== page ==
Bruno Walter née Bruno Schlesinger, was a German conductor, composer, and writer who is remembered as one of the great conductors of the twentieth century. Walter began his study of music very early, and was an accomplished pianist by the age of eight. By fifteen, he decided that he would devote himself to conducting and moved to Hamburg a few years later to work as a chorus director.
It was in Hamburg that Walter met Gustav Mahler, who became his mentor. Mahler soon found a position for his protege in Breslau (today a part of Poland), and the young man continued in various conducting roles until 1901 when Mahler again hired him as an assistant at the Vienna Opera. Over the next twenty years, Walter became an internationally recognized conductor and performed throughout the United States and Europe.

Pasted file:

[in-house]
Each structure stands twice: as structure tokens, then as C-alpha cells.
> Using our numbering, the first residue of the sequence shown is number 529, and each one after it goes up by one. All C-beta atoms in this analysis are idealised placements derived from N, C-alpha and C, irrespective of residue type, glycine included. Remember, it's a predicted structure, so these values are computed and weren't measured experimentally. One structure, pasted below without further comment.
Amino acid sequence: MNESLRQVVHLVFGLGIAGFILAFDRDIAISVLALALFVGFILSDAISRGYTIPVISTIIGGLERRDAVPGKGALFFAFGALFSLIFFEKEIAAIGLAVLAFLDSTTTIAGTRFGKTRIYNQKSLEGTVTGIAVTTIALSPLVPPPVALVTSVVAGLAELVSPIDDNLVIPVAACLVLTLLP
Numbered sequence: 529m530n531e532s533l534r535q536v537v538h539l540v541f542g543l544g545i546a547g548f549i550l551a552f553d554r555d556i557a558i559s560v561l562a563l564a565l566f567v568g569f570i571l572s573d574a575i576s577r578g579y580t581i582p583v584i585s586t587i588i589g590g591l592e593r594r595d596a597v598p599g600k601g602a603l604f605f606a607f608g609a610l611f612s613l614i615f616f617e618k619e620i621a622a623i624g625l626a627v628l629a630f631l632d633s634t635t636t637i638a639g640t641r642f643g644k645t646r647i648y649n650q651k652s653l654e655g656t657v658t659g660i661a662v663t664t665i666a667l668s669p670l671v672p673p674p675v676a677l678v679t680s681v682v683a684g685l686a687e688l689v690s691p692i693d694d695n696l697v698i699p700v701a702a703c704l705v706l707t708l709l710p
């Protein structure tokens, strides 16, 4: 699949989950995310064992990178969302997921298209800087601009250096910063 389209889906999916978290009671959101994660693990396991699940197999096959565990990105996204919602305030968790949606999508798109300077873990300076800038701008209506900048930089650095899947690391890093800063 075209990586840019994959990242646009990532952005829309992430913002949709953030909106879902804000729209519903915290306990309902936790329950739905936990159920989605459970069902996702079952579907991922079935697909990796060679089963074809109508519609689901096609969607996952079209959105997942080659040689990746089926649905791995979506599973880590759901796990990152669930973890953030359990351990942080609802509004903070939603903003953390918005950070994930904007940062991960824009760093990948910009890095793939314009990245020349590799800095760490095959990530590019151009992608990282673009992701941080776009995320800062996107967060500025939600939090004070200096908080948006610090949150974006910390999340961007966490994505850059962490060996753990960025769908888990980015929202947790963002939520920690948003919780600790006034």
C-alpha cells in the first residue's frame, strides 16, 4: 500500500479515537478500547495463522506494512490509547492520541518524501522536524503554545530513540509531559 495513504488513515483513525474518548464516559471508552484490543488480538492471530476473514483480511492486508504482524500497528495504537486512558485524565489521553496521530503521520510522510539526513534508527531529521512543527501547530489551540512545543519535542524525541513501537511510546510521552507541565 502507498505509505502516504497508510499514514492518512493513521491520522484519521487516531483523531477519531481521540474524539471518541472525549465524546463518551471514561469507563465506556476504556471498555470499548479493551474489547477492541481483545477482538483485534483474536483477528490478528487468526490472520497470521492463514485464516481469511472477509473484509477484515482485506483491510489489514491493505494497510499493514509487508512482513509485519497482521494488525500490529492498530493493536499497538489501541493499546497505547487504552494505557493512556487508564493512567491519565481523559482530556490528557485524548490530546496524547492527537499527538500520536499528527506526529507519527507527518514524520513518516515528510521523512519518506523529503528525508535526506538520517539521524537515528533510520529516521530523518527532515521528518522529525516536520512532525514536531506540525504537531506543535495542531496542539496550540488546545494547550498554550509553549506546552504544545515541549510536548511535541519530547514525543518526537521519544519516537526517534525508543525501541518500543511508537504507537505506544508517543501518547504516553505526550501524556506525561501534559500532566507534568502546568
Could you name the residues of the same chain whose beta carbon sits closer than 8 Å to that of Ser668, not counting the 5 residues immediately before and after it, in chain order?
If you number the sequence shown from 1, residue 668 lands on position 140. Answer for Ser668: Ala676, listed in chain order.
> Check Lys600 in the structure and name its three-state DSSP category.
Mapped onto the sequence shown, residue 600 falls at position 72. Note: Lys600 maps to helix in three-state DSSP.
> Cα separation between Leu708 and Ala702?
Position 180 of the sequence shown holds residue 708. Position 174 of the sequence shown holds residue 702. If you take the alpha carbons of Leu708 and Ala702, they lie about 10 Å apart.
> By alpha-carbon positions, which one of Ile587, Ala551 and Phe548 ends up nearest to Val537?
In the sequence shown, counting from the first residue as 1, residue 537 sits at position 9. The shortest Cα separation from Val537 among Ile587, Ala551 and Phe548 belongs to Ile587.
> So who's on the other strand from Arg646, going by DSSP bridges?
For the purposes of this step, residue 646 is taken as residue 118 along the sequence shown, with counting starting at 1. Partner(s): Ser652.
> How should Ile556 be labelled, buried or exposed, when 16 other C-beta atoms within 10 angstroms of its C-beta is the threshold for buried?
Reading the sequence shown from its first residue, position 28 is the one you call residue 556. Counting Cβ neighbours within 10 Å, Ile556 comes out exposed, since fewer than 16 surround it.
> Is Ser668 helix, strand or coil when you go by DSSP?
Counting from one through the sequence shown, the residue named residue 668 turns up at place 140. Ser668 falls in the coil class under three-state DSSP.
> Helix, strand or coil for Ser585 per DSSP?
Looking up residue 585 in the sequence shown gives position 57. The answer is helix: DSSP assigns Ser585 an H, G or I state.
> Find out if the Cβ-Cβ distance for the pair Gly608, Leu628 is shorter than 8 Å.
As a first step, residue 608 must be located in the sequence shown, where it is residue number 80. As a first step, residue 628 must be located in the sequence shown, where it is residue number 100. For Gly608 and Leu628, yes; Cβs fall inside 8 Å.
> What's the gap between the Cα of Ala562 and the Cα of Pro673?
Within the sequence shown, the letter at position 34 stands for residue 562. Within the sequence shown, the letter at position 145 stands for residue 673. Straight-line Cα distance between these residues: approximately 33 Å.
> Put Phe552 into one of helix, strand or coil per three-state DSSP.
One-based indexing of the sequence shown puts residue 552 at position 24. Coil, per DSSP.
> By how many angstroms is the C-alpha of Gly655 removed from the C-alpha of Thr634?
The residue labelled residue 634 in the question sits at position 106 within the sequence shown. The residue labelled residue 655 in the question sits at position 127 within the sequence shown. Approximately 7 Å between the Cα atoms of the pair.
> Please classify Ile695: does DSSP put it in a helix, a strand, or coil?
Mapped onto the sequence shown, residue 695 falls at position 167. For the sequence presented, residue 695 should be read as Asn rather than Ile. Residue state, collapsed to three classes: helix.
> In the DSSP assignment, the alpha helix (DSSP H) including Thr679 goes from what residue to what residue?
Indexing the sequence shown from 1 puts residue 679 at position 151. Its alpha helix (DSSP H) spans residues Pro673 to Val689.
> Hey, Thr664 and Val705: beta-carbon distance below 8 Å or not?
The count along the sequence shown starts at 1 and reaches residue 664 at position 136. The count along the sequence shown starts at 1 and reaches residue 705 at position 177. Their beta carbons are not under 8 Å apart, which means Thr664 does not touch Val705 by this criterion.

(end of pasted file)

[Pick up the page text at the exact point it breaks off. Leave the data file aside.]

When the Nazis took control, Walter was such a prominent figure that Hitler made repeated mention of him while complaining about the presence of Jewish conductors in Berlin. So, like many other Jews, Walter and his family fled to Vienna where they had already taken citizenship. Of course, that too was short-lived and the Walter family again relocated to Beverly Hills in 1939.
He remained in Los Angeles for the next twenty years, and worked with many notable American orchestras along the way. Bruno Walter left many great recordings behind him, but he is best known for his interpretations of Mahler's work. Walter performed the debut of Mahler's Das Lief von der Erde and Symphony No. 9. His recordings of these pieces are regarded as definitive.
Walter also composed a number of works in his early years and is the author of a number of books which discuss the life and work of Gustav Mahler.
He died in 1962 in Beverly Hills.